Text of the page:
While that sweet little sniffle occasionally escaping from your pet as they doze off into their own four-legged dream world is just too cute for words sometimes, a grizzly bear growl holding you hostage at 3am is not a Kodak moment for either of you. In addition to providing your pet with quaility pet ID tags, it is also our goal to help educate pet owners in ways that can improve their relationship with their furry friend. That sometimes adorable, other times annoying sound is caused by an obstruction in the nasal passage or nostrils just as it is for humans that leads to airway obstruction, making it difficult for a pet to breathe easily. Called brachycephalic syndrome, it’s a little cue from your pet to you that something could be terribly wrong.
Below we list a few of the common causes of pet snoring as well as tips to help prevent it in the future:
Causes of Pet Snoring:
Overweight/Not Enough Exercise: It is common for pets with a little extra weight to develop excess tissue in their throat along with their body weight which causes an obstruction in their airway and hence a sniffle, snore or wheezing noise when your pet rests or exercises.
Nasal Allergies: Allergies are different for each pet just as they are for us humans, ranging from seasonal weed pollens to specific foods. A pet’s nasal allergies cause mucus to build up in their snouts, blocking the air they breathe from passing through smoothly and causing heavy, loud breathing.
Breed: There are several dog breeds that are simply more predisposed to snoring such as Pekinese, Pugs, Boston Terriers, Shih Tzus, Chow Chows and really any dog with a broader, thick head and shorter muzzle.
Tobacco Smoke: A known irritant to pets and humans, tobacco smoke effects animals just as it does humans and other than problems in their ability to breathe easy, can lead to various forms of cancer.
Cold Weather: Chilly weather creates stuffy noses and is a simple cause of airway obstruction for your pet.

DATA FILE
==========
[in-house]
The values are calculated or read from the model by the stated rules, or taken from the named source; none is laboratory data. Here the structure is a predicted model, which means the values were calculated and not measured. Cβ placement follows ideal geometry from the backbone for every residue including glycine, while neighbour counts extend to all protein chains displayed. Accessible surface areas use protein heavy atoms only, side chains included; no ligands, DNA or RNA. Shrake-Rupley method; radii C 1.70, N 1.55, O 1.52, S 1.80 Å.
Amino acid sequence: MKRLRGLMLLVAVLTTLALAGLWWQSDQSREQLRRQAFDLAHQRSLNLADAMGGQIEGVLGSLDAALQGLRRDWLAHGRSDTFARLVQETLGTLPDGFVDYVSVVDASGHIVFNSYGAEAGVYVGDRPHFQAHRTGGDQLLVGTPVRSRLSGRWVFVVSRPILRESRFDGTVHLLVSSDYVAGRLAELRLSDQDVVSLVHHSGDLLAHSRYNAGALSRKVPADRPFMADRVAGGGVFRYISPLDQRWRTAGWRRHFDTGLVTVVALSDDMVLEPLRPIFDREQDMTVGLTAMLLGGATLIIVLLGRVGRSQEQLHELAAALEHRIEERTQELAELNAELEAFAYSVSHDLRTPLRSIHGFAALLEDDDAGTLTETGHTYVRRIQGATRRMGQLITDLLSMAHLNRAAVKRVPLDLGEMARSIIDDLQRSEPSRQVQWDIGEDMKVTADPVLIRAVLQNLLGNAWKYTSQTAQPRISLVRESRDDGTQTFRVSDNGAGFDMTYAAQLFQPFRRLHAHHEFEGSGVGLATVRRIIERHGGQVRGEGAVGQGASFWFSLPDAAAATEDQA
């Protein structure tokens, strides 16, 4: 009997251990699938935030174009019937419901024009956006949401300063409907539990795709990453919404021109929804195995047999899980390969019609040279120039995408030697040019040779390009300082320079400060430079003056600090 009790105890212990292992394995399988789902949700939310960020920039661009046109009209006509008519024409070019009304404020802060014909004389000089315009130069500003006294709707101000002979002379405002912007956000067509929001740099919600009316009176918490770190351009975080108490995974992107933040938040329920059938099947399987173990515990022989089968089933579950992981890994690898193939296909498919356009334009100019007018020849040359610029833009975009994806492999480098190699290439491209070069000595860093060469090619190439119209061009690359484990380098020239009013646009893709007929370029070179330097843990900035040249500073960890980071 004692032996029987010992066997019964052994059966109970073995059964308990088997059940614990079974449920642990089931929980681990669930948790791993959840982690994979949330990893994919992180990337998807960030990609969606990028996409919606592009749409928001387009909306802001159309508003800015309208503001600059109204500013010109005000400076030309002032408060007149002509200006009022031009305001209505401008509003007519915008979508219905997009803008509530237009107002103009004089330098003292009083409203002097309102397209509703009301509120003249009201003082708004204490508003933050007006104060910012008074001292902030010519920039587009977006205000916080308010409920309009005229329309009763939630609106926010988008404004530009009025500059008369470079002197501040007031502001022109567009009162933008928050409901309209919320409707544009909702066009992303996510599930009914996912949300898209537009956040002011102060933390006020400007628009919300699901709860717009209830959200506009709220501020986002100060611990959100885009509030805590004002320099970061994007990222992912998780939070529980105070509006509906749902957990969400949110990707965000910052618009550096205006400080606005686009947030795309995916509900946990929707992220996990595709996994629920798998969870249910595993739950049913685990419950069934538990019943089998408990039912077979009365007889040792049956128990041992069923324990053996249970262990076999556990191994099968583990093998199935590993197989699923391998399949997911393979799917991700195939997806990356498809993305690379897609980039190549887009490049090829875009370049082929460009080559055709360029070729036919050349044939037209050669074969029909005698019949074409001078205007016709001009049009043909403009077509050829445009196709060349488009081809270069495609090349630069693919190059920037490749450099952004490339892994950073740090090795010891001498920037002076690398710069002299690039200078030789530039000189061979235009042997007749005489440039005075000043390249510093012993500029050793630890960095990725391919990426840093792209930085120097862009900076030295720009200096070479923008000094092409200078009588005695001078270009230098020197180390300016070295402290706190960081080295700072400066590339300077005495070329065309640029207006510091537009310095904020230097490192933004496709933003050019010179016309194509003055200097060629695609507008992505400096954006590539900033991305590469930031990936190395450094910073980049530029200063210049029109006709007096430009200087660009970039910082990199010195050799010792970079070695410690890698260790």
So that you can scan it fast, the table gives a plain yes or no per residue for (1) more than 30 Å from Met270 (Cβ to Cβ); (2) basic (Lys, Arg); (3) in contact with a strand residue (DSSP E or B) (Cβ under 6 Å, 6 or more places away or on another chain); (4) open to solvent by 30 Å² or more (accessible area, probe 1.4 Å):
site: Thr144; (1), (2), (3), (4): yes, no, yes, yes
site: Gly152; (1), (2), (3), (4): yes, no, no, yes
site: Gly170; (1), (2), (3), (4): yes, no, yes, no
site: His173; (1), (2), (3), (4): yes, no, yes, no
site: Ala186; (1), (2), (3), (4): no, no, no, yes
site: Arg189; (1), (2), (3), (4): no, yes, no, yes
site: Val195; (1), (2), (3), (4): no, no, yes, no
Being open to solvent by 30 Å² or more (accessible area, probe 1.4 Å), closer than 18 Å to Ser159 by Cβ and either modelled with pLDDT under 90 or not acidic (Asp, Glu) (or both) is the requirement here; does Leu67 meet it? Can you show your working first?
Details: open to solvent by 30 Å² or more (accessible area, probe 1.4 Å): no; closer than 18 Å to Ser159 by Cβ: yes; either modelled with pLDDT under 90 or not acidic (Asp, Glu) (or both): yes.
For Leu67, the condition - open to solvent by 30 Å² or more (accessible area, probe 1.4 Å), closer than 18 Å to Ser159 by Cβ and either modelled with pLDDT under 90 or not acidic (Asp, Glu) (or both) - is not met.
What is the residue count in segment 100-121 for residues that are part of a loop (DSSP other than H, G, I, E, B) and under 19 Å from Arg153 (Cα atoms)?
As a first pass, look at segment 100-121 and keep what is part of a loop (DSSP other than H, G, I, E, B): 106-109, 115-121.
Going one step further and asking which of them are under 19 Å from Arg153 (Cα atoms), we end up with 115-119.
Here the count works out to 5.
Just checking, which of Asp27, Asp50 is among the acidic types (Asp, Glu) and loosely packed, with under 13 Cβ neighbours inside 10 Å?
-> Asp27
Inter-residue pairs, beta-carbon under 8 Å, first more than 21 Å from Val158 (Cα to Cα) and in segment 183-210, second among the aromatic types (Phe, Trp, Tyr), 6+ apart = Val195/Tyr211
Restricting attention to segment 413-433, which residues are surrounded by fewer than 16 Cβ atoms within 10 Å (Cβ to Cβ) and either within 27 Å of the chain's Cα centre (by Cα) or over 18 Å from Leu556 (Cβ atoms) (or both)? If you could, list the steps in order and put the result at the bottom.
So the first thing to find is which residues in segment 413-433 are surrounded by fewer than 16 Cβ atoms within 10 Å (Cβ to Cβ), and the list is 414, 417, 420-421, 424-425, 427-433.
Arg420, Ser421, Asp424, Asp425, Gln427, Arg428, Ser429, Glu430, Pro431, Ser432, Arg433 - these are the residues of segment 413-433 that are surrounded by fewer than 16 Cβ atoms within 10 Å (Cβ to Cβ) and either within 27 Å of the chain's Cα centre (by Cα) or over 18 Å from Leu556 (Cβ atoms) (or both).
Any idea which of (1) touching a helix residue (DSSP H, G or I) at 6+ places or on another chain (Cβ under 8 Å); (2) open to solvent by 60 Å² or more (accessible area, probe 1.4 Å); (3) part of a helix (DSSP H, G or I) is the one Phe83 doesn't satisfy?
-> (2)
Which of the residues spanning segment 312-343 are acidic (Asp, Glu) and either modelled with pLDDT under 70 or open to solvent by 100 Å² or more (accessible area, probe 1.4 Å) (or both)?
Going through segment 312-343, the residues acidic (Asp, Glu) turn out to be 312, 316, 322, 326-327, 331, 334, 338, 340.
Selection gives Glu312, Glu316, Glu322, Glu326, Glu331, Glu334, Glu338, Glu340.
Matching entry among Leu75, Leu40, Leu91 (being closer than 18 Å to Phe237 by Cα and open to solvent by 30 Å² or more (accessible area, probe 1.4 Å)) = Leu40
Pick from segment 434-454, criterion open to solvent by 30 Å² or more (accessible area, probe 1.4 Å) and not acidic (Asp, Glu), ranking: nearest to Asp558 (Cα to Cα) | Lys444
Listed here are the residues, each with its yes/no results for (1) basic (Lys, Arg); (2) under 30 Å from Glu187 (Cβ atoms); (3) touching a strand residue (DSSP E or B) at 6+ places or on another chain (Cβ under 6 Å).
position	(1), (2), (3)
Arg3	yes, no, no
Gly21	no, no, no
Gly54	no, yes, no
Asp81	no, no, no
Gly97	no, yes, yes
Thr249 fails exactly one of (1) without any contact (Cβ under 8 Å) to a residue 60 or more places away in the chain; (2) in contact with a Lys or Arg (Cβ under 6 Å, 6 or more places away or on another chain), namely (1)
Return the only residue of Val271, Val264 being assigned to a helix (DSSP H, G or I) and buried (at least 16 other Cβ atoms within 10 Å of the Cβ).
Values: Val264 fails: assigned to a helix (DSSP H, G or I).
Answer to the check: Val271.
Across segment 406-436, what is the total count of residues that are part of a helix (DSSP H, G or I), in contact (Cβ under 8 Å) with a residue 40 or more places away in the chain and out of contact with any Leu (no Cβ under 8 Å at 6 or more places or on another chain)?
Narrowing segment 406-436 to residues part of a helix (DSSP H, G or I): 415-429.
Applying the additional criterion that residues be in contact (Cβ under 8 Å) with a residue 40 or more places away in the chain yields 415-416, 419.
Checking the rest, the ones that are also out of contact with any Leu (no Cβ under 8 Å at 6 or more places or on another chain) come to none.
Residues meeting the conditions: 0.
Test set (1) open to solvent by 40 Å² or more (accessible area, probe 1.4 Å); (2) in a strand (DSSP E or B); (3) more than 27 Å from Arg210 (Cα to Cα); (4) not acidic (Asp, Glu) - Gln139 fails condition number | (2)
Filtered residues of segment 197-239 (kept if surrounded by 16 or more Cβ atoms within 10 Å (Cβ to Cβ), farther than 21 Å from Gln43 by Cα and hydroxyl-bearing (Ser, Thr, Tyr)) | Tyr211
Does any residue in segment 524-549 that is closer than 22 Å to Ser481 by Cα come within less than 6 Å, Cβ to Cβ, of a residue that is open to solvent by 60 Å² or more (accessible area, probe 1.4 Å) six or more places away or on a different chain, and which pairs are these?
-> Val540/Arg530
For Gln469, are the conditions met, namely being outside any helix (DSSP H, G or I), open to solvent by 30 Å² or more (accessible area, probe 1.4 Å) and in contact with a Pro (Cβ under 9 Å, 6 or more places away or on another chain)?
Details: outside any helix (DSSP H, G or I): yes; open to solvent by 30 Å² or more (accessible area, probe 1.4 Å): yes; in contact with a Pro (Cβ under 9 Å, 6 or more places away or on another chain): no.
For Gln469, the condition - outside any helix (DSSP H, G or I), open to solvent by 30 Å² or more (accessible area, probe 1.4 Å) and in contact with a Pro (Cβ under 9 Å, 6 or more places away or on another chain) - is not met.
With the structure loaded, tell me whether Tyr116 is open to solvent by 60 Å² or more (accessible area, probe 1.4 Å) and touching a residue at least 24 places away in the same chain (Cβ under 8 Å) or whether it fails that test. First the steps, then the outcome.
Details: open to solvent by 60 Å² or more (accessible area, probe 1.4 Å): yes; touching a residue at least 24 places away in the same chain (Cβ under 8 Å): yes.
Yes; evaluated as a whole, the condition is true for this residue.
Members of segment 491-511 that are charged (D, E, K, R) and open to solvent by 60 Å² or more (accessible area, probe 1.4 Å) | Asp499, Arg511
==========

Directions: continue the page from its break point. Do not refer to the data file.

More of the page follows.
Ways to Help Prevent Pet Snoring:
|There are various tips to ensuring you and your pet get a good nights rest together. If it’s that time of year for ragweed and other common outdoor irritants to spring up, try cleaning your pet’s bedding more often and vacuum/clean your home regularly. It’s always good practice to walk your pet and exercise them daily to prevent any weight issues and ensure they’re stretching those legs and letting the sun kiss their sweet face. If it is allergen season, try to avoid areas with large amounts of weeds and woods close by. Always avoid smoking in your home to avoid passing on smoke-related irritants to your pet. |
If you have a breed that is more genetically likely to snore, there is a
surgery for dogs to help curb those nasty breathing problems however it
is typically done when they’re very young. Talk with your vet about
other treatments to help get your little one back to feeling healthy,
happy and grizzly bear-breathing free.
Be sure to celebrate your pup's new snore-free lifestyle with DogTagArt personalized pet tags!
|Tiffany Narron is the loving mama to her precious 9-year-old pooch Bella Blue. This past summer Bella started to snore something awful, keeping Tiffany awake for hours on end and making her one sleepless zombie of a mama. She looked into it along with her vet and discovered that Bella was in fact allergic to corn. She changed her diet to avoid that common ingredient and since has enjoyed many cozy nights snuggled safe and sound with her beloved Bella.|